German officials condemn anti-refugee mobs in east

German officials condemn anti-refugee mobs in east
German officials have expressed shame after a viral video showed a mob shouting and blocking a bus of refugees, sparking a heated debate online.
2 min read
21 February, 2016
Saxony registered the highest number of anti-migrant attacks [Getty]

German officials have condemned "disgusting" anti-refugee mobs in the ex-communist east of the country, after two incidents saw crowds cheer a blaze at a planned refugee shelter.

A group of 20-30 apparently drunken onlookers applauded as a fire took hold in a former hotel being converted into home for asylum seekers, in a suspected arson attack in the town of Bautzen in Saxony state overnight. 

Some members of the group also tried to impede the work of firefighters dispatched to the scene, police said.

A police spokesman said that the group showed "unabashed delight" at the blaze and made "disparaging comments" about the efforts to contain it. Luckily, no one was hurt in the incident.

The events came two nights after about 100 angry people in the Saxony town of Clausnitz tried to block the arrival of a bus carrying some 20 asylum seekers to a new shelter including terrified children.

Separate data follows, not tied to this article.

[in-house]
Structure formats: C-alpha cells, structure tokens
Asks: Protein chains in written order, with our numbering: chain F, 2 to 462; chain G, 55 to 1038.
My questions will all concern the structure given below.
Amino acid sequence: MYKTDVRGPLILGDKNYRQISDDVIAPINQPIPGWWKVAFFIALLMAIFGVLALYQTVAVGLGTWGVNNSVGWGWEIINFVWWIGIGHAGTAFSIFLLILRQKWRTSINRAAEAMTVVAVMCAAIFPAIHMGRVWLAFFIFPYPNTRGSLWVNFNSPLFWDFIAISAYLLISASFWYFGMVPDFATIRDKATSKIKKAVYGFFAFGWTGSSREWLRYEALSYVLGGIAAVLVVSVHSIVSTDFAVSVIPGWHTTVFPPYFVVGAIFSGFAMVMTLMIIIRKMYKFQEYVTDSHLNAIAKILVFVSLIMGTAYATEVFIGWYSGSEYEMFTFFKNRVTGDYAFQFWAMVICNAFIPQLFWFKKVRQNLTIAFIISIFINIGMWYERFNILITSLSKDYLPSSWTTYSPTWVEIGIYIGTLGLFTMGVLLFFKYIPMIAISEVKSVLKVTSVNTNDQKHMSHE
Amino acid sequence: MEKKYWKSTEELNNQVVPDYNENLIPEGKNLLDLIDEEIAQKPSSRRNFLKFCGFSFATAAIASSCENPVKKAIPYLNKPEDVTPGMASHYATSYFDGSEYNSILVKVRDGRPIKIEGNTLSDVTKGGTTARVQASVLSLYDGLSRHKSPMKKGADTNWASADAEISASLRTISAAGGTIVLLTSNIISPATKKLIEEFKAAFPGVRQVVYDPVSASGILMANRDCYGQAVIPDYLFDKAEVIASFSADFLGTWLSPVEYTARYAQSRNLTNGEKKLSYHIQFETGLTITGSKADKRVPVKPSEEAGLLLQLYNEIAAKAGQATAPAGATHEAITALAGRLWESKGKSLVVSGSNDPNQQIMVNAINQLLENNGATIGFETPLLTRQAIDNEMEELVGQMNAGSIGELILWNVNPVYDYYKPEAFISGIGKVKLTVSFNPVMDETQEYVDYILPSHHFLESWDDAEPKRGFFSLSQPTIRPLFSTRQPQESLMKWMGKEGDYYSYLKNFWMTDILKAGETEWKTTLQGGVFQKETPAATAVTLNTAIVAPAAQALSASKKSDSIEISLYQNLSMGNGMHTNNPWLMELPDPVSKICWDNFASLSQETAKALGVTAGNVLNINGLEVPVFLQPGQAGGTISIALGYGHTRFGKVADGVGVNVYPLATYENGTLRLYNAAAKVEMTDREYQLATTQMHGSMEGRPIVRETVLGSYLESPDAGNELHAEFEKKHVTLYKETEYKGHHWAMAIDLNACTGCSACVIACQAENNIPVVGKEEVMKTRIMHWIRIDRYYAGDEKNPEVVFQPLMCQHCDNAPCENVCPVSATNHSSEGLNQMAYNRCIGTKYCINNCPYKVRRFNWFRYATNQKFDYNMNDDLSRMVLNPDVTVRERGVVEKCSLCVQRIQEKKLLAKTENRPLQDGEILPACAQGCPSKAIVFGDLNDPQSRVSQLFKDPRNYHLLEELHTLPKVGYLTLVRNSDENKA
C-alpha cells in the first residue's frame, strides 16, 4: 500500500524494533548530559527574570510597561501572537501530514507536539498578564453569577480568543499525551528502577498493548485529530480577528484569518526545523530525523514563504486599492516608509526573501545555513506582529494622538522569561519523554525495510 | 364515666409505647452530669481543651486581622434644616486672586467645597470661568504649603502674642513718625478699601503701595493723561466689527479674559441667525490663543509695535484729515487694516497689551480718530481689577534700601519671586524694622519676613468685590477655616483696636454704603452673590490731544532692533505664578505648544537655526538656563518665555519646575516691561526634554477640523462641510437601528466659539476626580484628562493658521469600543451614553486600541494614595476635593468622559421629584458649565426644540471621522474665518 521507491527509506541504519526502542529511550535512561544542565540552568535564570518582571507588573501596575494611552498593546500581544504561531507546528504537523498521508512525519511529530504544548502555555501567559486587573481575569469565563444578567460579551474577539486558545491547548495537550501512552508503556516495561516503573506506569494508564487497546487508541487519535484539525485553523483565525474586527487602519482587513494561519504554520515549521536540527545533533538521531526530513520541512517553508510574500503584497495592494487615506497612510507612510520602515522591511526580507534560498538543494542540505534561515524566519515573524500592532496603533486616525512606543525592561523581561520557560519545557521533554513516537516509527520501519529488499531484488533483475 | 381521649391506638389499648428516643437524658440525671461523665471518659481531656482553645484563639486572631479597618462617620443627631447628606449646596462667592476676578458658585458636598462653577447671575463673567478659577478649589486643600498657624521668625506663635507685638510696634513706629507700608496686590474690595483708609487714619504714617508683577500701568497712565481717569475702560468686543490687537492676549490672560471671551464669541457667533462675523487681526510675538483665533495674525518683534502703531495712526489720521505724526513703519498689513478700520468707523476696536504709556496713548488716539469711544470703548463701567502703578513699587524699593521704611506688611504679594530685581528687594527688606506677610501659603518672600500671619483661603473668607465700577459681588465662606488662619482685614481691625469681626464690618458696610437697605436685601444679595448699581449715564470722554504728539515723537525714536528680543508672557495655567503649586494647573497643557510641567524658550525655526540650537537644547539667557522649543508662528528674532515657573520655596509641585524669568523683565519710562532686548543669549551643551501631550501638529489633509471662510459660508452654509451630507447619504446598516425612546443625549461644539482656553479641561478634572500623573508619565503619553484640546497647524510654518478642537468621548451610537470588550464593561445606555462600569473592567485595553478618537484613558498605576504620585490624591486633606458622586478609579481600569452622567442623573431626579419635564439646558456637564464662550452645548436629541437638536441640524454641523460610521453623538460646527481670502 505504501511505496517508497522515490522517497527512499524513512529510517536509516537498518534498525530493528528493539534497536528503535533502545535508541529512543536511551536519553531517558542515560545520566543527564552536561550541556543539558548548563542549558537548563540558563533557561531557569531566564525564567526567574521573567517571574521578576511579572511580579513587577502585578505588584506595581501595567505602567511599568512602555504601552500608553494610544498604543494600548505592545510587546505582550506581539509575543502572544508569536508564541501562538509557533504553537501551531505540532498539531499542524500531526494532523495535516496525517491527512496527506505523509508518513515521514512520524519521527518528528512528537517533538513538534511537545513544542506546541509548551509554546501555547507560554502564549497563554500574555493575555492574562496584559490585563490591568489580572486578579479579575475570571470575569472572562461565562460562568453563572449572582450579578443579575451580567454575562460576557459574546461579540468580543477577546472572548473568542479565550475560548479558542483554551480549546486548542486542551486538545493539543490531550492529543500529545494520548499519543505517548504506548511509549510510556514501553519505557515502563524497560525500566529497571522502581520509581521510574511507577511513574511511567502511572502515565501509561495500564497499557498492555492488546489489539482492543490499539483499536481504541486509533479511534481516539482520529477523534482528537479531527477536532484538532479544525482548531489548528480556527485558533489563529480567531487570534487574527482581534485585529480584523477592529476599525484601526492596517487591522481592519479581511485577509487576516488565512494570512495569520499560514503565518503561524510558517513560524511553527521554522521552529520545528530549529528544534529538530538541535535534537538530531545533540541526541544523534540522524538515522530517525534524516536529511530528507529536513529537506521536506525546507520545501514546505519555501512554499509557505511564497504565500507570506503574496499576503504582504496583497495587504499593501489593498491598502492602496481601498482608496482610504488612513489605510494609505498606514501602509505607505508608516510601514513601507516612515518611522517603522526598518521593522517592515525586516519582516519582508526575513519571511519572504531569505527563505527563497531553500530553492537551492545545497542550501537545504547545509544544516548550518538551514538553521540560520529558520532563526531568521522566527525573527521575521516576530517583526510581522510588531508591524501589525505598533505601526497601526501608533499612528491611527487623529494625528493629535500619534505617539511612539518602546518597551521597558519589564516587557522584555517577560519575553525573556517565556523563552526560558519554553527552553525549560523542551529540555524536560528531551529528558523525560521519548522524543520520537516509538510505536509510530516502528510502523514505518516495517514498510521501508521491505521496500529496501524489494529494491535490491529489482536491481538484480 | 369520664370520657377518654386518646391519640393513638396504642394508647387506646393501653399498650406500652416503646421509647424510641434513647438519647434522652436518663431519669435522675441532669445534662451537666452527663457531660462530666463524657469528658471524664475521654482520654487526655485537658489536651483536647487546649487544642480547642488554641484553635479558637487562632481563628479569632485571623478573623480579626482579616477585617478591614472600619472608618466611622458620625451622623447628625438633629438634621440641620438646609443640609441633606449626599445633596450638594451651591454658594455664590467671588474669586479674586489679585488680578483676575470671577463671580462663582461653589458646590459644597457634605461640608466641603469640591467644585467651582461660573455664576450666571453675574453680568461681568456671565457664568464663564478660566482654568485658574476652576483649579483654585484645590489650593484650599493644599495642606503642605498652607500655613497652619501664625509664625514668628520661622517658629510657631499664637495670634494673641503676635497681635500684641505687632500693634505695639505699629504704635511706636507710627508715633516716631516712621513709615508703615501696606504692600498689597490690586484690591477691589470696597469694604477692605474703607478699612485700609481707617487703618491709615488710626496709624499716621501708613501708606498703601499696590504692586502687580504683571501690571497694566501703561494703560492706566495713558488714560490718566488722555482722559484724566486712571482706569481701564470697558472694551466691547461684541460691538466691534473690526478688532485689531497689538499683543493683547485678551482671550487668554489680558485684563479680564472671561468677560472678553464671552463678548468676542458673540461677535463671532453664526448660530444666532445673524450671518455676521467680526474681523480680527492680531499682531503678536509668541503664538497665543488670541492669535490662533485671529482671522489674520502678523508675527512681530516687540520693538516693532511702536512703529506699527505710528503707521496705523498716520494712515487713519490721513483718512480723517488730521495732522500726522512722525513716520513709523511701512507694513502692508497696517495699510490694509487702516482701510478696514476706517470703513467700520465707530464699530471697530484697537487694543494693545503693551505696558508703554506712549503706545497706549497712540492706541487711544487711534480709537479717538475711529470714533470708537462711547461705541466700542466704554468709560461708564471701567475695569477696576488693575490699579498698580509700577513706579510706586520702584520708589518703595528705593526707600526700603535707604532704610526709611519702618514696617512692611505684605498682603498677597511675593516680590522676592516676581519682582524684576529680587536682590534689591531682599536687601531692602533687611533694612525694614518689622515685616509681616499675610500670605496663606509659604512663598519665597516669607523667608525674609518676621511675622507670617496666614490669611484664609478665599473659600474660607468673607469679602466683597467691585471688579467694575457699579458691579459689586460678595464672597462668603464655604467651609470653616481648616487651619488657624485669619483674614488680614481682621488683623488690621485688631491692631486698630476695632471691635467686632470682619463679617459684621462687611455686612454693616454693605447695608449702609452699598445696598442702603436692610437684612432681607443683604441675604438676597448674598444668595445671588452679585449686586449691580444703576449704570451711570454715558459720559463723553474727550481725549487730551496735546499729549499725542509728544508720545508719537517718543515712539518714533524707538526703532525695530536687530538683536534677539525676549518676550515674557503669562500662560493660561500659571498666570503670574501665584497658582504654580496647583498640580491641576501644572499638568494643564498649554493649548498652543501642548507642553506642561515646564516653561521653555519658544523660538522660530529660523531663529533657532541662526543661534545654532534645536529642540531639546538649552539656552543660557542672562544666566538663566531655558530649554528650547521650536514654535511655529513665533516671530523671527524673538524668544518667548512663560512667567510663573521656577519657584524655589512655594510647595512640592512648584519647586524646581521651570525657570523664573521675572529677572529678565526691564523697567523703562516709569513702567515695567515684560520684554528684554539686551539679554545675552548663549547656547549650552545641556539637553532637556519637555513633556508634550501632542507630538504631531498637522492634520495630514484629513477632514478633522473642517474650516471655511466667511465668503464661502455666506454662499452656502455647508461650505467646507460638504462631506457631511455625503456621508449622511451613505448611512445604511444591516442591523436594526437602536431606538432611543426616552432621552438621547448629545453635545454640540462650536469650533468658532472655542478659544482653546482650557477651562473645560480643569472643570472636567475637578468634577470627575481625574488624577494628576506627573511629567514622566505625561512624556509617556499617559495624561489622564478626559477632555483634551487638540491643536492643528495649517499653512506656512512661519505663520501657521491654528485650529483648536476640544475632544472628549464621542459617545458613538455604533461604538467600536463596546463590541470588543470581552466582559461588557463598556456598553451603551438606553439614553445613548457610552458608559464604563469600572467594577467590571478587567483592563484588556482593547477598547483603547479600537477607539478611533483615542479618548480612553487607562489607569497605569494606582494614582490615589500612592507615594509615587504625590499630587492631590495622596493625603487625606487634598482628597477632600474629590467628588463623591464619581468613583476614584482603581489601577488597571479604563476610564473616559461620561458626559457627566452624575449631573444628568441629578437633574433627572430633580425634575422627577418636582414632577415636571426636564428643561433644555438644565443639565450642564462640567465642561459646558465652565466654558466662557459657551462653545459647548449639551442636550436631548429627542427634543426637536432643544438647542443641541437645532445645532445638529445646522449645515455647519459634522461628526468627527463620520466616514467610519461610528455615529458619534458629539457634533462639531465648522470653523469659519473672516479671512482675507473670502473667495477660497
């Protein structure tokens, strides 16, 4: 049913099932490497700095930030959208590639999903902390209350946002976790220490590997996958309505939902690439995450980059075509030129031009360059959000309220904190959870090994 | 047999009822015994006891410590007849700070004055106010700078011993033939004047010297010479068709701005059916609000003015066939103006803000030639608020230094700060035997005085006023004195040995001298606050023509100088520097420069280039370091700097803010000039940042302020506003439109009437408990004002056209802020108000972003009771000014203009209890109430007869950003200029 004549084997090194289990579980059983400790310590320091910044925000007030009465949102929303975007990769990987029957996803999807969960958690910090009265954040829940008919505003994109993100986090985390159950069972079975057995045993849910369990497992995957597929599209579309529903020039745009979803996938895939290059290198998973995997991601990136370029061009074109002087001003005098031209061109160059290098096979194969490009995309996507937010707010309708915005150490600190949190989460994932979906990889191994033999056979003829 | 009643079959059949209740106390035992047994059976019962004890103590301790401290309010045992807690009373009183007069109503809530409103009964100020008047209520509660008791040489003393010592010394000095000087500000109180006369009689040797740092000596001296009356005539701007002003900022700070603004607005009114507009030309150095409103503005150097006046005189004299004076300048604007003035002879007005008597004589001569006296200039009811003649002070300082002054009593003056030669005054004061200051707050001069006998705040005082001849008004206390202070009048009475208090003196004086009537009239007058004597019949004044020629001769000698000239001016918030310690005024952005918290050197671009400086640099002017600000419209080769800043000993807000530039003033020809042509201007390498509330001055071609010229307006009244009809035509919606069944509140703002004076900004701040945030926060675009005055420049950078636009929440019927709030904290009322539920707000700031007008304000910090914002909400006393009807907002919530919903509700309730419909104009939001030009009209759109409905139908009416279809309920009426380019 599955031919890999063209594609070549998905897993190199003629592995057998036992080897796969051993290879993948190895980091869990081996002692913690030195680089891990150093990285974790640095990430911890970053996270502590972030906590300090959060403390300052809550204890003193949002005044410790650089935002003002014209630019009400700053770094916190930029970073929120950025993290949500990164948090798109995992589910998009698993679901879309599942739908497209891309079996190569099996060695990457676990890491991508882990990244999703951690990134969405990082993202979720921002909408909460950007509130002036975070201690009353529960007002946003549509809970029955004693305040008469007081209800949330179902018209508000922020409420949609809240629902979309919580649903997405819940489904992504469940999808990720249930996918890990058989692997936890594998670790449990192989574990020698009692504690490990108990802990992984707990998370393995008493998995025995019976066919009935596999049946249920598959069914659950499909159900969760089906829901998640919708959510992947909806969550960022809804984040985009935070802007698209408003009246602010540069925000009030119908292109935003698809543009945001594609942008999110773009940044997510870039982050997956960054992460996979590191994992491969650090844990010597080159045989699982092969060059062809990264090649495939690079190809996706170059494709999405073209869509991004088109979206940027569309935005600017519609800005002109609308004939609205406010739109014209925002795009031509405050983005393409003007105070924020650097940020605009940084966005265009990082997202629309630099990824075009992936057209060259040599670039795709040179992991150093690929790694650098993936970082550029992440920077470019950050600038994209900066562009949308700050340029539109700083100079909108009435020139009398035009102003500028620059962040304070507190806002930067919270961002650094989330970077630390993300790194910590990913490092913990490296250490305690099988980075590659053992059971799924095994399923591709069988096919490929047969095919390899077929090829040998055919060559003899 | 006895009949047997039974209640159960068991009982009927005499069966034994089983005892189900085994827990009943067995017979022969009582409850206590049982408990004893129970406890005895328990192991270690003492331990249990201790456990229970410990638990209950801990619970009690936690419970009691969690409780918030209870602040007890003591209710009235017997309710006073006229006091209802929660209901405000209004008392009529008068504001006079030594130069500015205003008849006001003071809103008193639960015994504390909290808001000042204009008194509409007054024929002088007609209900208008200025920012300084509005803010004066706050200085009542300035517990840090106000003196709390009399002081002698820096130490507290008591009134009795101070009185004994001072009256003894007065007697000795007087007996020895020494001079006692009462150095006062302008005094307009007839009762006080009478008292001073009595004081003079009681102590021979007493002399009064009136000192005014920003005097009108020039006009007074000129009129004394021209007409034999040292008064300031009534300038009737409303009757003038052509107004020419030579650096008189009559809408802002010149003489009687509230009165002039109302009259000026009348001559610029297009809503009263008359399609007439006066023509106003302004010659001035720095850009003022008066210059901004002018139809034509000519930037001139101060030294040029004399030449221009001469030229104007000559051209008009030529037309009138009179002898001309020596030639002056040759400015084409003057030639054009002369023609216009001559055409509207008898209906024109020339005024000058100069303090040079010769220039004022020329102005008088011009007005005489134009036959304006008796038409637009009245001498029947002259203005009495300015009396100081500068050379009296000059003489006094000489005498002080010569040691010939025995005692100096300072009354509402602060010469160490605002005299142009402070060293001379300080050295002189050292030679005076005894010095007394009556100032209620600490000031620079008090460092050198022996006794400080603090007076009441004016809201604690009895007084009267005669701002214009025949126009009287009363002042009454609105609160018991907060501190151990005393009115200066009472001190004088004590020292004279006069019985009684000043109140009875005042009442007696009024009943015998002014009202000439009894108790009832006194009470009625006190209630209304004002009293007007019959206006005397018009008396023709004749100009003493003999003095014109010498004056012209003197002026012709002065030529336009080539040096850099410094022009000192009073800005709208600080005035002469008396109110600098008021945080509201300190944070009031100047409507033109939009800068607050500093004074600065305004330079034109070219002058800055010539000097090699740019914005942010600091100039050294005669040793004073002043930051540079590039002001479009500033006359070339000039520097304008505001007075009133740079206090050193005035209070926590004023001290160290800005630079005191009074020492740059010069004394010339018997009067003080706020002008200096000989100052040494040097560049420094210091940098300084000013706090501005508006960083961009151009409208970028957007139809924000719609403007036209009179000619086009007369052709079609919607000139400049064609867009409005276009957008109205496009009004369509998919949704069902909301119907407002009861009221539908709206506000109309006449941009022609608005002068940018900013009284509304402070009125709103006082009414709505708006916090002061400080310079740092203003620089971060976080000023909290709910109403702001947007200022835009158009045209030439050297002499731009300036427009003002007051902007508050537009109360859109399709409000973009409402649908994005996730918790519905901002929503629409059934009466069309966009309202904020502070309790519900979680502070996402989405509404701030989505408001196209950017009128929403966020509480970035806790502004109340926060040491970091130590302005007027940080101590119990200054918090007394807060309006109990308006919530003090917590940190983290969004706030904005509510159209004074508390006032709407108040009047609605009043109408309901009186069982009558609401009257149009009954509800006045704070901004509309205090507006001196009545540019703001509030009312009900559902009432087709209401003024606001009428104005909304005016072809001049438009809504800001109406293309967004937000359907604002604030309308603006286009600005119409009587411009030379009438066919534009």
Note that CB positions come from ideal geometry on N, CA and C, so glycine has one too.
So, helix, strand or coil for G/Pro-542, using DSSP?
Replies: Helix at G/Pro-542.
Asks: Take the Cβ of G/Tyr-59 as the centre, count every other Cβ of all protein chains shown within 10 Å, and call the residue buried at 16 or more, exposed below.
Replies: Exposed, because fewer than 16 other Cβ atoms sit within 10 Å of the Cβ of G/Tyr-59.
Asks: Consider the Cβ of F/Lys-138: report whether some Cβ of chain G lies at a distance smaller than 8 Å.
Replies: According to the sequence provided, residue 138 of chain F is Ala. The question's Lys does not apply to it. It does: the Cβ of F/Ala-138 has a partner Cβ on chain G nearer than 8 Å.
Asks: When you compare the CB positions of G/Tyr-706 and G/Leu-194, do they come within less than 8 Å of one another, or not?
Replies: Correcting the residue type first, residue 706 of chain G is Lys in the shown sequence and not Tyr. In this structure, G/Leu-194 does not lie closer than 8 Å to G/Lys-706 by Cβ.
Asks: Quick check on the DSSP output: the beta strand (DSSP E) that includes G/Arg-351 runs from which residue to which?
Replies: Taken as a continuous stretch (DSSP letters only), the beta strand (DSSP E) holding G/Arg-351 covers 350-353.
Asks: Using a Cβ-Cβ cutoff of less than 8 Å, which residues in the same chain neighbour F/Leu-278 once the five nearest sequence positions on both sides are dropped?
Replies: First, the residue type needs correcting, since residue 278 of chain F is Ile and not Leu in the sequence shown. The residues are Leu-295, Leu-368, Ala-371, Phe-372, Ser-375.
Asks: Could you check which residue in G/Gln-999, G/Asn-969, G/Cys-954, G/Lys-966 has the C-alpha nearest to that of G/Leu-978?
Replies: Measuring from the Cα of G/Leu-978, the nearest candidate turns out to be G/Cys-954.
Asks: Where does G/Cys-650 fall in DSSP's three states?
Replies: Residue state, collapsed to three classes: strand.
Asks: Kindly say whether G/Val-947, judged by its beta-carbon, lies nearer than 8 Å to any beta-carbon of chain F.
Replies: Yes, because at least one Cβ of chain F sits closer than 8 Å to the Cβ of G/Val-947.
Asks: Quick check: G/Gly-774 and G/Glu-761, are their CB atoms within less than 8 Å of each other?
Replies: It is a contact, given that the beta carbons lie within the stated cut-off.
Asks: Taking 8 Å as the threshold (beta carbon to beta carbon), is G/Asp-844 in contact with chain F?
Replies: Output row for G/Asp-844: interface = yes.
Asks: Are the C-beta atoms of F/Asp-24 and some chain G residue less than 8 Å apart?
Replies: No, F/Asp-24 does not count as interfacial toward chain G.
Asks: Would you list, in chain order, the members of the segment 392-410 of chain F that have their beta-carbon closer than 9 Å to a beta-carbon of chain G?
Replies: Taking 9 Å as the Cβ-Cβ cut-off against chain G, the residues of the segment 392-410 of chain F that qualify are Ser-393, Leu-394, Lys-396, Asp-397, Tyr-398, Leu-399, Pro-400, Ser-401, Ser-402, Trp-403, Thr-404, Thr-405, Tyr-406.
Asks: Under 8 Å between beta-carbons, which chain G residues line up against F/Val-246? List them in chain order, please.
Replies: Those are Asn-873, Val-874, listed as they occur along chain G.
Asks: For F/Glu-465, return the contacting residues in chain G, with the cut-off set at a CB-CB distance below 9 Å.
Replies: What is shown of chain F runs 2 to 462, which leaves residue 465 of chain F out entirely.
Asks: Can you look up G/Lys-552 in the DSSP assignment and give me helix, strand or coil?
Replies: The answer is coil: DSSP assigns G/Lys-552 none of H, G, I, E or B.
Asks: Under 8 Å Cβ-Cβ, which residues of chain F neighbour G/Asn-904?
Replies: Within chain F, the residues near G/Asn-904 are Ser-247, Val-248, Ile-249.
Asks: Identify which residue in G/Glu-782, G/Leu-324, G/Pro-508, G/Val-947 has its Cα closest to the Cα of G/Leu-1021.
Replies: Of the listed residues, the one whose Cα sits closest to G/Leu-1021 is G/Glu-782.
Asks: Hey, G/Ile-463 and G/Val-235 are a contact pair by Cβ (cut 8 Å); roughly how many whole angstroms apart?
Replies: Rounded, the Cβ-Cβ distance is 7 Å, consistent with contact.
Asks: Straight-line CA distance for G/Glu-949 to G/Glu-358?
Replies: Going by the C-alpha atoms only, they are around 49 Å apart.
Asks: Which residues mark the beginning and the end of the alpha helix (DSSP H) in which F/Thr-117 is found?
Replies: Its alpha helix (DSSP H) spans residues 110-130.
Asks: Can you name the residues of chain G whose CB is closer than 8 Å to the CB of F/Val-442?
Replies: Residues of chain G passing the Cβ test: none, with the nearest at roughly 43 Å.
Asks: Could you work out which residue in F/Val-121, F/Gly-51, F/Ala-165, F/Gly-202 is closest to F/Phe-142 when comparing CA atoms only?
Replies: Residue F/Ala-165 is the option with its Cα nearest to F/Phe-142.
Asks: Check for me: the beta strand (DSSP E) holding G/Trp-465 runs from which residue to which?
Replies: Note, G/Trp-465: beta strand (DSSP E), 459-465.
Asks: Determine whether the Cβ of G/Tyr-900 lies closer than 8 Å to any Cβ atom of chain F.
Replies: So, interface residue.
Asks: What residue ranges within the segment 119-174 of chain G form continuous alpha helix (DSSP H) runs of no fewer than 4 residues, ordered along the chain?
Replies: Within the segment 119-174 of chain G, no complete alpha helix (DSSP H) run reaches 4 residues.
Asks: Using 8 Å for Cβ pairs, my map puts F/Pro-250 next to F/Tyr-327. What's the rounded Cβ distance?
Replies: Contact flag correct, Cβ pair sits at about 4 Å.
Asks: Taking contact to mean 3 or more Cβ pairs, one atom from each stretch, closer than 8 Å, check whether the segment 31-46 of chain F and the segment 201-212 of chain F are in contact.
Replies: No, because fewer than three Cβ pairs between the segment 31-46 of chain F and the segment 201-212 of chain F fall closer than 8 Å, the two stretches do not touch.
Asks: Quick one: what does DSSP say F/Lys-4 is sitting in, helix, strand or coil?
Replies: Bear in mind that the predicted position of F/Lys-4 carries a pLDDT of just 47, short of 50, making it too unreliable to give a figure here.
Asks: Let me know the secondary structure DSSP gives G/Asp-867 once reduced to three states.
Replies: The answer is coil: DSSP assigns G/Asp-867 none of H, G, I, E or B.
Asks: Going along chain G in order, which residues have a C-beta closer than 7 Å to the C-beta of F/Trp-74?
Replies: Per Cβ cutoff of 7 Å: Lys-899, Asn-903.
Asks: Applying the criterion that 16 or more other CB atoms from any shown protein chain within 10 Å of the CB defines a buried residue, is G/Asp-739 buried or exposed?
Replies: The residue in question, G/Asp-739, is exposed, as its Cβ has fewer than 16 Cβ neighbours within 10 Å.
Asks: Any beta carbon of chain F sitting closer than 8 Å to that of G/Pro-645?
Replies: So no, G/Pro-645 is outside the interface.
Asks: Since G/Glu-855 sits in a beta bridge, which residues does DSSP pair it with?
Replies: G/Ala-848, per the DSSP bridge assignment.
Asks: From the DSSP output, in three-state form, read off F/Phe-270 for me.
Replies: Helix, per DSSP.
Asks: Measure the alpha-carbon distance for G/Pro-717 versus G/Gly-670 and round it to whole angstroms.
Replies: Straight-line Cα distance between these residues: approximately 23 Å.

The scenes, captured on video, show the mob angrily shouting "We are the people", borrowing the pro-democracy slogan from the peaceful revolution that led to the fall of the Berlin Wall in 1989.

The images, which have gone viral on social media, show police officers dragging terrified refugees out of the coach, including a teenage boy reportedly from Lebanon. 

Political officials expressed outrage at the incidents.

"Racists are pathetic lawbreakers, a disgrace for our country. Shame on you!" Deputy Foreign Minister Michael Roth wrote on Twitter.

"Those who shamelessly applaud when houses burn and scare refugees to death are displaying disgusting and revolting behaviour," Justice Minister Heiko Maas tweeted.

Maas told media group RedaktionsNetzwerk Deutschland he was stunned by the growing brazenness of far-right groups, which he said crossed the line of free expression to become a threat to public safety. 

"Verbal radicalism is a prelude to physical violence," he said.

He noted that there were more than 1,000 criminal acts against refugee shelters recorded in Germany last year, when the country let in nearly 1.1 million asylum seekers. 

Saxony registered the highest number of attacks.